Gumballs sure are fun, but policy decisions should be based on complete and accurate information
(For a printable pdf version please go to http://www.fishnet-usa.com/Gumballs.pdf. This should in no way be considered an attack on recreational fishuing, nor is it an attempt to in any way diminish the perceived economic importance of recreational fishing.)
Nils E. Stolpe/FishNet USA/May 9, 2014
Points to keep in mind while reading this:
- U.S. commercial fishermen aren’t fishing for themselves, they are fishing for the 300 million or so consumers in this country who want a diet that includes wholesome, high quality and, if possible, locally produced seafood as soon after it is caught as possible.
- The American Sportfishing Association is a trade organization that represents businesses that provide goods and services to recreational anglers. All conservation rhetoric aside, it’s members do better if there are more recreational anglers who are fishing more, and it’s no secret that getting more anglers fishing more is most easily accomplished if they are allowed to catch more fish.
- The more fish that are allocated to recreational anglers, the less fish will be available to the non-fishing public. The rise in the consumption of cultured tilapia, cultured swai and cul-tured shrimp of questionable origin and questionable quality is due to two factors: per capita seafood consumption in the US has been tending upwards for years, and commercial landings of many of the most popular fish and shellfish produced in our exclusive economic zone have been tending down for decades (see http://www.fishnet-USa.com/After%2035%20years%20of%20NOAA.pdf and http://www.fishnet-USa.com/Research%20funding_A%20win-win.pdf).
The people at the American Sportfishing Association (ASA) are embarking on the second year of a campaign to convince anyone who will listen that recreational fishing is equally as or more important than commercial fishing and that in their estimation the federal government should not be putting so much emphasis on managing the commercial fisheries. It began with a press release announcing the completion of an ASA commissioned study by Southwick Associates on May 6 of last year and has progressed to a YouTube video starring gumballs as fish surrogates and with Michael Nussman, the President of the ASA, in a strong supporting role.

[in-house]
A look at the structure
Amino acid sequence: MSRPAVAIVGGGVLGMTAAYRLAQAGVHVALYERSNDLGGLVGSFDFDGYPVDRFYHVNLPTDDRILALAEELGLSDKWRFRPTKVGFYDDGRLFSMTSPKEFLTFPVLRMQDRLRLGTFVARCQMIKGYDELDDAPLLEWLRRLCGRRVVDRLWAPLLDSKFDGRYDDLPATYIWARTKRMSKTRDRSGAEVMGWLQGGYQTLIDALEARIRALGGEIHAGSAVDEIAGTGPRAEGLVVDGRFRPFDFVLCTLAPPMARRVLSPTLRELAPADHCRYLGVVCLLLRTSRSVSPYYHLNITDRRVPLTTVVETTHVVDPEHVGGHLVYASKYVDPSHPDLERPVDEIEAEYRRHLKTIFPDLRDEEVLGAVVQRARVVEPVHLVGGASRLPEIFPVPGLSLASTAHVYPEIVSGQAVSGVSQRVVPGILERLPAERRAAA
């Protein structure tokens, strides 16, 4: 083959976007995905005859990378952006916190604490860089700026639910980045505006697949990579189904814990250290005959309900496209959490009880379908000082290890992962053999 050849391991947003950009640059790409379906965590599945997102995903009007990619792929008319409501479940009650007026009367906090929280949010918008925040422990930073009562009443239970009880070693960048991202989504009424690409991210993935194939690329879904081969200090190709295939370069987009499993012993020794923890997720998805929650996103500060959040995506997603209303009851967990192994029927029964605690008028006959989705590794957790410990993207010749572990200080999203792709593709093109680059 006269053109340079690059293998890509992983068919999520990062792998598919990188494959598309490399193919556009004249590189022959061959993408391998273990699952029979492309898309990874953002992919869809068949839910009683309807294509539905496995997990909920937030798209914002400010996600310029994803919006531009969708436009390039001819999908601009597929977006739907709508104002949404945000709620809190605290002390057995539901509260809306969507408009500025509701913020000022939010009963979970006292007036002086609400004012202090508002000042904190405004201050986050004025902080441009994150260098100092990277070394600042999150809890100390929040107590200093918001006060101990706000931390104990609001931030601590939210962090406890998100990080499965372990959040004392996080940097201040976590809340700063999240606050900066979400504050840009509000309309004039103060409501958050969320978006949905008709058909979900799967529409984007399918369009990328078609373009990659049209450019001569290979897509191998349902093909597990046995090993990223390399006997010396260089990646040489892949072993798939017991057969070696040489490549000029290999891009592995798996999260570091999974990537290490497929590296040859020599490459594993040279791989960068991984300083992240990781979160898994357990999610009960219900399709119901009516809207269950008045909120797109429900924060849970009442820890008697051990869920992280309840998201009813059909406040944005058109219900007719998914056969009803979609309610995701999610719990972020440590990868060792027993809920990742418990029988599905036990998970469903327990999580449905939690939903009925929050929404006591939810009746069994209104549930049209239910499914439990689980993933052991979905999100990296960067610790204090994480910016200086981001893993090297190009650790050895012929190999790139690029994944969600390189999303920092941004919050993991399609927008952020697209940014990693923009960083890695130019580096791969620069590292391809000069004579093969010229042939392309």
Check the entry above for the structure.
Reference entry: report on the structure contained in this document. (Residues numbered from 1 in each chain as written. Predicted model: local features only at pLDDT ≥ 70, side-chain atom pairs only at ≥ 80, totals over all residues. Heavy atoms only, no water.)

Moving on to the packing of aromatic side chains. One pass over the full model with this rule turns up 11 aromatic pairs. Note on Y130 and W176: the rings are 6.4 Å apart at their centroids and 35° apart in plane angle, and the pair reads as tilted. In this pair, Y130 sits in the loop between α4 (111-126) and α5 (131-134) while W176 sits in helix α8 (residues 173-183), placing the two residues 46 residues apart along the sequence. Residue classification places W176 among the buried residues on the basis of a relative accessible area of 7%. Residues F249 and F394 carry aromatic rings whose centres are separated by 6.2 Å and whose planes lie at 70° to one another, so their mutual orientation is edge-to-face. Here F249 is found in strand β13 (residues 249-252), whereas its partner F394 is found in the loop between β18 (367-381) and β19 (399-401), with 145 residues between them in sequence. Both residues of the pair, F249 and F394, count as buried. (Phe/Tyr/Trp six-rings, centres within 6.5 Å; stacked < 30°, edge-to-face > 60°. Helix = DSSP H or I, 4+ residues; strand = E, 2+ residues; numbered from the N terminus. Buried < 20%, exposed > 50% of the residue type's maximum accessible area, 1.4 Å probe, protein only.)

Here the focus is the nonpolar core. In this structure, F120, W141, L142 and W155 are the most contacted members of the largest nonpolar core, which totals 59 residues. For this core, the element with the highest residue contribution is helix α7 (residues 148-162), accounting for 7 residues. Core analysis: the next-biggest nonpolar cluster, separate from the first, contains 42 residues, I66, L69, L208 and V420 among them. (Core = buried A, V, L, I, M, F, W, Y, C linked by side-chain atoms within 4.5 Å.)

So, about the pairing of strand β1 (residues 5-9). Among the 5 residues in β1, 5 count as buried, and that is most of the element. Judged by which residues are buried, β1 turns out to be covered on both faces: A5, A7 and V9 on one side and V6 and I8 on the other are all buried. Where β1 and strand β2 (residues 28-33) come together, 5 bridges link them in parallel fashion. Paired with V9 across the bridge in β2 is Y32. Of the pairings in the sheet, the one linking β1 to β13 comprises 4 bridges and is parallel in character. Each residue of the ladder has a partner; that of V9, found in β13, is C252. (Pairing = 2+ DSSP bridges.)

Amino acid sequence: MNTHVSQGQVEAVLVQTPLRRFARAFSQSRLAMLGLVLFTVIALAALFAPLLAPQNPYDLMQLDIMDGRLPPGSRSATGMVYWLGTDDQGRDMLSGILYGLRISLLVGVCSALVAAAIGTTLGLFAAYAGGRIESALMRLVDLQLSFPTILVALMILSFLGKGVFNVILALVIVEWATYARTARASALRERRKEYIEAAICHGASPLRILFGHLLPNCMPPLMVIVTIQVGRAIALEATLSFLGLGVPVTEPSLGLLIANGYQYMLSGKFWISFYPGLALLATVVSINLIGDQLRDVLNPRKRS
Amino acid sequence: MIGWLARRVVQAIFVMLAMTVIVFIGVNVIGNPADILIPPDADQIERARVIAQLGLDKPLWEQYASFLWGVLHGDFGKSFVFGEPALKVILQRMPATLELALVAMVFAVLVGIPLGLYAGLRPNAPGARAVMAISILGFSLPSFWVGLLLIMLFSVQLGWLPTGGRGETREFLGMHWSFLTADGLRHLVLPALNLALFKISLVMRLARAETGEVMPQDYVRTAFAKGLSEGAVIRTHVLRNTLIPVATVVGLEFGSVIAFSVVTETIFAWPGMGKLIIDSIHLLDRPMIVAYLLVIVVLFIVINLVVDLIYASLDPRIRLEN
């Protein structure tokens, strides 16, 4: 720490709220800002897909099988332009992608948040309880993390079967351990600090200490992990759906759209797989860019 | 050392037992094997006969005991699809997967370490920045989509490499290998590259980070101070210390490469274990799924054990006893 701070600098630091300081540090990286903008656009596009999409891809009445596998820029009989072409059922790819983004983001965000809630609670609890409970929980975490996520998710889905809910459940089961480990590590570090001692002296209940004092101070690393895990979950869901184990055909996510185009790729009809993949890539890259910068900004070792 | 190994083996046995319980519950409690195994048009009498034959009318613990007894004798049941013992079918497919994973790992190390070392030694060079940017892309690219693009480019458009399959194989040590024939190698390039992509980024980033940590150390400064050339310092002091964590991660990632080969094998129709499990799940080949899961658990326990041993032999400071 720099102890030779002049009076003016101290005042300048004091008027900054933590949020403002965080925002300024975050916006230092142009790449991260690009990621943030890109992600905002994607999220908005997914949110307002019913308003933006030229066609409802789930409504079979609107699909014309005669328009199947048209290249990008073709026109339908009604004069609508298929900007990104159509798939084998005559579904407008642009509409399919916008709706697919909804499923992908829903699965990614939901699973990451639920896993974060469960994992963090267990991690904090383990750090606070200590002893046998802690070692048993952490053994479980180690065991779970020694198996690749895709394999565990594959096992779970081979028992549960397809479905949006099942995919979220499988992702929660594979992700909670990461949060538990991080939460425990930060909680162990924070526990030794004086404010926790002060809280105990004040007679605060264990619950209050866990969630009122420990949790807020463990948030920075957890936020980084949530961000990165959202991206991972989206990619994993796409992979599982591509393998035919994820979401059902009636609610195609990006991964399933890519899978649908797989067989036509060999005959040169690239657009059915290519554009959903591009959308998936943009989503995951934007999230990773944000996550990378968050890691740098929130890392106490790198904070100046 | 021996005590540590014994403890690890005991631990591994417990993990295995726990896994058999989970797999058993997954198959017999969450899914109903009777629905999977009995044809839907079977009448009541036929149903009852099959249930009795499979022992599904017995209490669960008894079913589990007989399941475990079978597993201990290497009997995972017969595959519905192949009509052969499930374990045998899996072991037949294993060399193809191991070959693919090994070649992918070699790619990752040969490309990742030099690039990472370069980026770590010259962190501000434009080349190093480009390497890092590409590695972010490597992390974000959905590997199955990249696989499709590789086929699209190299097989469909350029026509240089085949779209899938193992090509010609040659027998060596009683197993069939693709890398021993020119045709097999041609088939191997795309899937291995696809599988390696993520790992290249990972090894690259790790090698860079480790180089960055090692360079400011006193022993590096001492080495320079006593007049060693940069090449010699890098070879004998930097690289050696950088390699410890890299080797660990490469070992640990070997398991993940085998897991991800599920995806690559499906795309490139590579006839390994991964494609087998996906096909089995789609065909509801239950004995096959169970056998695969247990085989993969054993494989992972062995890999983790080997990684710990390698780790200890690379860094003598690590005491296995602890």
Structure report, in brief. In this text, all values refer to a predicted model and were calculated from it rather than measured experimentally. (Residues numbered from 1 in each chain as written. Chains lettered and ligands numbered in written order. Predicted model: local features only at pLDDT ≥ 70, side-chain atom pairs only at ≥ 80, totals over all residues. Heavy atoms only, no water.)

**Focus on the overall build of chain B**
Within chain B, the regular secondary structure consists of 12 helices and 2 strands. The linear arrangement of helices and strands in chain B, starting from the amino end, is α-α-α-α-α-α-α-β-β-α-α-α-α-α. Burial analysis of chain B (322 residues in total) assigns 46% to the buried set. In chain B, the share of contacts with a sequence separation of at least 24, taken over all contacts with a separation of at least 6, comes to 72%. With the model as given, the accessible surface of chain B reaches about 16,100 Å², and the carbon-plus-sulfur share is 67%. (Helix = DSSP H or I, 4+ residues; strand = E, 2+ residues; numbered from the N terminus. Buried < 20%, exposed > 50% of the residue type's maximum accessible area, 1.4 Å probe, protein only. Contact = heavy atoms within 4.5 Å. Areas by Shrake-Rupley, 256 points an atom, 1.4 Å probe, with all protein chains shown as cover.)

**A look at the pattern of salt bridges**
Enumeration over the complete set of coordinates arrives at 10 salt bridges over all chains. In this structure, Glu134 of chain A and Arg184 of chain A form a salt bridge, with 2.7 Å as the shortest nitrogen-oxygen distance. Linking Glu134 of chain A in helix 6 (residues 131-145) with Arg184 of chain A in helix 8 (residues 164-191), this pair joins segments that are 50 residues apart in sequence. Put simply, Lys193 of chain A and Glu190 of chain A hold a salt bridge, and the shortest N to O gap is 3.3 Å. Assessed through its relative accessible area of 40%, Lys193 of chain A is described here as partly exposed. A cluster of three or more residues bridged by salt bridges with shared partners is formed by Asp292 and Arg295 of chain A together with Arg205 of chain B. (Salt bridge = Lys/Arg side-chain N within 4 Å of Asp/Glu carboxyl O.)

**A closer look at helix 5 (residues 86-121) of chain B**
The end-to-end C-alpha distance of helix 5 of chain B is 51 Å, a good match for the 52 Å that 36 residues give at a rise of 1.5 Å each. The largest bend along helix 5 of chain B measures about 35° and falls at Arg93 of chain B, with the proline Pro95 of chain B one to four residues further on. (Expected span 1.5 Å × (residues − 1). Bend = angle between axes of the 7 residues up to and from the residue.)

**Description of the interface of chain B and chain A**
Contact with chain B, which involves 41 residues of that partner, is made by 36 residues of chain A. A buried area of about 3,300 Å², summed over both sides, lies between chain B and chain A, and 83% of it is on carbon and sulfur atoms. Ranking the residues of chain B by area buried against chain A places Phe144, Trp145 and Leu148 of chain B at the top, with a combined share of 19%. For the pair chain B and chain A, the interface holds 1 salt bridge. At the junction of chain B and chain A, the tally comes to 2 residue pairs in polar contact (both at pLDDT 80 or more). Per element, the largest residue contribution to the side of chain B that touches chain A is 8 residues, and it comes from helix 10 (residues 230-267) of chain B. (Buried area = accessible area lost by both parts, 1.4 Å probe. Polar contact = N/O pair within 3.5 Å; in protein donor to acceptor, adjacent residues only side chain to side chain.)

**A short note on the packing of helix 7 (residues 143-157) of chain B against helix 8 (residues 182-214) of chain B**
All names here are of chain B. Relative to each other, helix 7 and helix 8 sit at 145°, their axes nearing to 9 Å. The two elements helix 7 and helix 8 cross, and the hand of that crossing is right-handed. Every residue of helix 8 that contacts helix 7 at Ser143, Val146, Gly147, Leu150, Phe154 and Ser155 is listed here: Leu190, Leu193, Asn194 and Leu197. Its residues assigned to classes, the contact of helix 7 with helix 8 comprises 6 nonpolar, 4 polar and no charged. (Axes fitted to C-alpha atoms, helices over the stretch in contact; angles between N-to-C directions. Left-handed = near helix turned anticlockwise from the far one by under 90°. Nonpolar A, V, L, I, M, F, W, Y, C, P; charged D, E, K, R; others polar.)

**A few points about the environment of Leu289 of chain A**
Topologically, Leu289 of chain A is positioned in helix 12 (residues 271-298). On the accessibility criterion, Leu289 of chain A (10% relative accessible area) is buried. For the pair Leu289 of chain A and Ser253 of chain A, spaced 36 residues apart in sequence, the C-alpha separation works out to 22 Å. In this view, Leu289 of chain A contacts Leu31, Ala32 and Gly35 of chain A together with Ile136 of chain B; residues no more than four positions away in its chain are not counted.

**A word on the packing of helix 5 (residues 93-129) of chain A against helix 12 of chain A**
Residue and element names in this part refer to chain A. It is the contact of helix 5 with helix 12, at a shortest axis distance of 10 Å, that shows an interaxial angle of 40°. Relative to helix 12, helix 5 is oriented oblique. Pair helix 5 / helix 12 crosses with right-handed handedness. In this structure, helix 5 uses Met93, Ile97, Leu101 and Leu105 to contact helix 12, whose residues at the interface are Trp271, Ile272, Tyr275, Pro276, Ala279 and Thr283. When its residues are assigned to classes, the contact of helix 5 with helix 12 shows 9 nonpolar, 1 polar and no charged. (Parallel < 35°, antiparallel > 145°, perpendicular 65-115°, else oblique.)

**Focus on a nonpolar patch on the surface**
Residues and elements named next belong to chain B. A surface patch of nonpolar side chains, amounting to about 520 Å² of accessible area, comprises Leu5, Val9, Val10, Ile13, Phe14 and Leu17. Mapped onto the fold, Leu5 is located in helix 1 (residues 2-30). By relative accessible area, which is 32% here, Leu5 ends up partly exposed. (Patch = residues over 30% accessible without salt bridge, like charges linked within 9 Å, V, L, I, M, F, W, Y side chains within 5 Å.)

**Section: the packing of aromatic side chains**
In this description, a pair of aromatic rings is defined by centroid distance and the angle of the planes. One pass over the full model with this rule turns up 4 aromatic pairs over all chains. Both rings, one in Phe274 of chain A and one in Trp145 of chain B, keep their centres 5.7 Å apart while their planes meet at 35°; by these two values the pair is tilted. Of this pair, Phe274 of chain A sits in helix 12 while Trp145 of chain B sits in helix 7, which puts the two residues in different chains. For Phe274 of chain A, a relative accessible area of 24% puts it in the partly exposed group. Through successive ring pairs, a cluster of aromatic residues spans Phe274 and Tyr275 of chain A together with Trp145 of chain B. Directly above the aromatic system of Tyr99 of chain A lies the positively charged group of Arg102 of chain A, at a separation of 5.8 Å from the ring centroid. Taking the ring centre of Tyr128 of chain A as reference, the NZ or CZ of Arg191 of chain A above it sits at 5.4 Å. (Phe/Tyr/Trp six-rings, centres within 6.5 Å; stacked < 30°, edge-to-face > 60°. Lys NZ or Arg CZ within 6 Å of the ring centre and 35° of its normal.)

In the press release Nussman stated “the current federal saltwater fisheries management system has historically focused the vast majority of its resources on the commercial sector, when recreational fishing is found to have just as significant an economic impact on jobs and the nation’s economy.”
You might ask what the point of this exercise is.
According to Nussman “we’re not releasing this report in an effort to demean commercial fishing. Commercial fishing is very important to our nation’s economy! Our goal is to highlight the importance of rec-reational fishing to the nation. As our coastal populations continue to grow, along with saltwater recreational fishing, significant improvements must be made to shape the nation’s federal fisheries system in a way that recognizes and responds to the needs of the recreational fishing community.”
Among other things, “demean” means to lower in standing, and in spite of Nussman’s assurances to the contrary, it sure seems like that’s exactly what the ASA and their Southwick Associates report is attempting to do.
From the report:
“In 2011 anglers landed 204.9 million pounds of saltwater fish. In pursuit of these fish, saltwater anglers spent $26.8 billion on fishing tackle and equipment and trip-related goods and services. Including multiplier effects, their spending generated $70.3 billion in economic output (sales), created $32.5 billion in value-added growth and supported 454,542 jobs with $20.5 billion in in-come…. Of the commercial sector’s landings, 4.9 billion finfish pounds were the same species frequently targeted by anglers, with a landed value of $2.1 billion. Including multiplier effects along the entire value chain from harvesters to processors to final consumers, commercial finfish harvest of species also sought by anglers generated $20.5 billion of economic output. This is the ‘sales impact,’ which is not to be confused with expenditures or retail sales which created $10.6 billion in value-added impacts and generated 304,611 jobs with $7.5 billion of income.”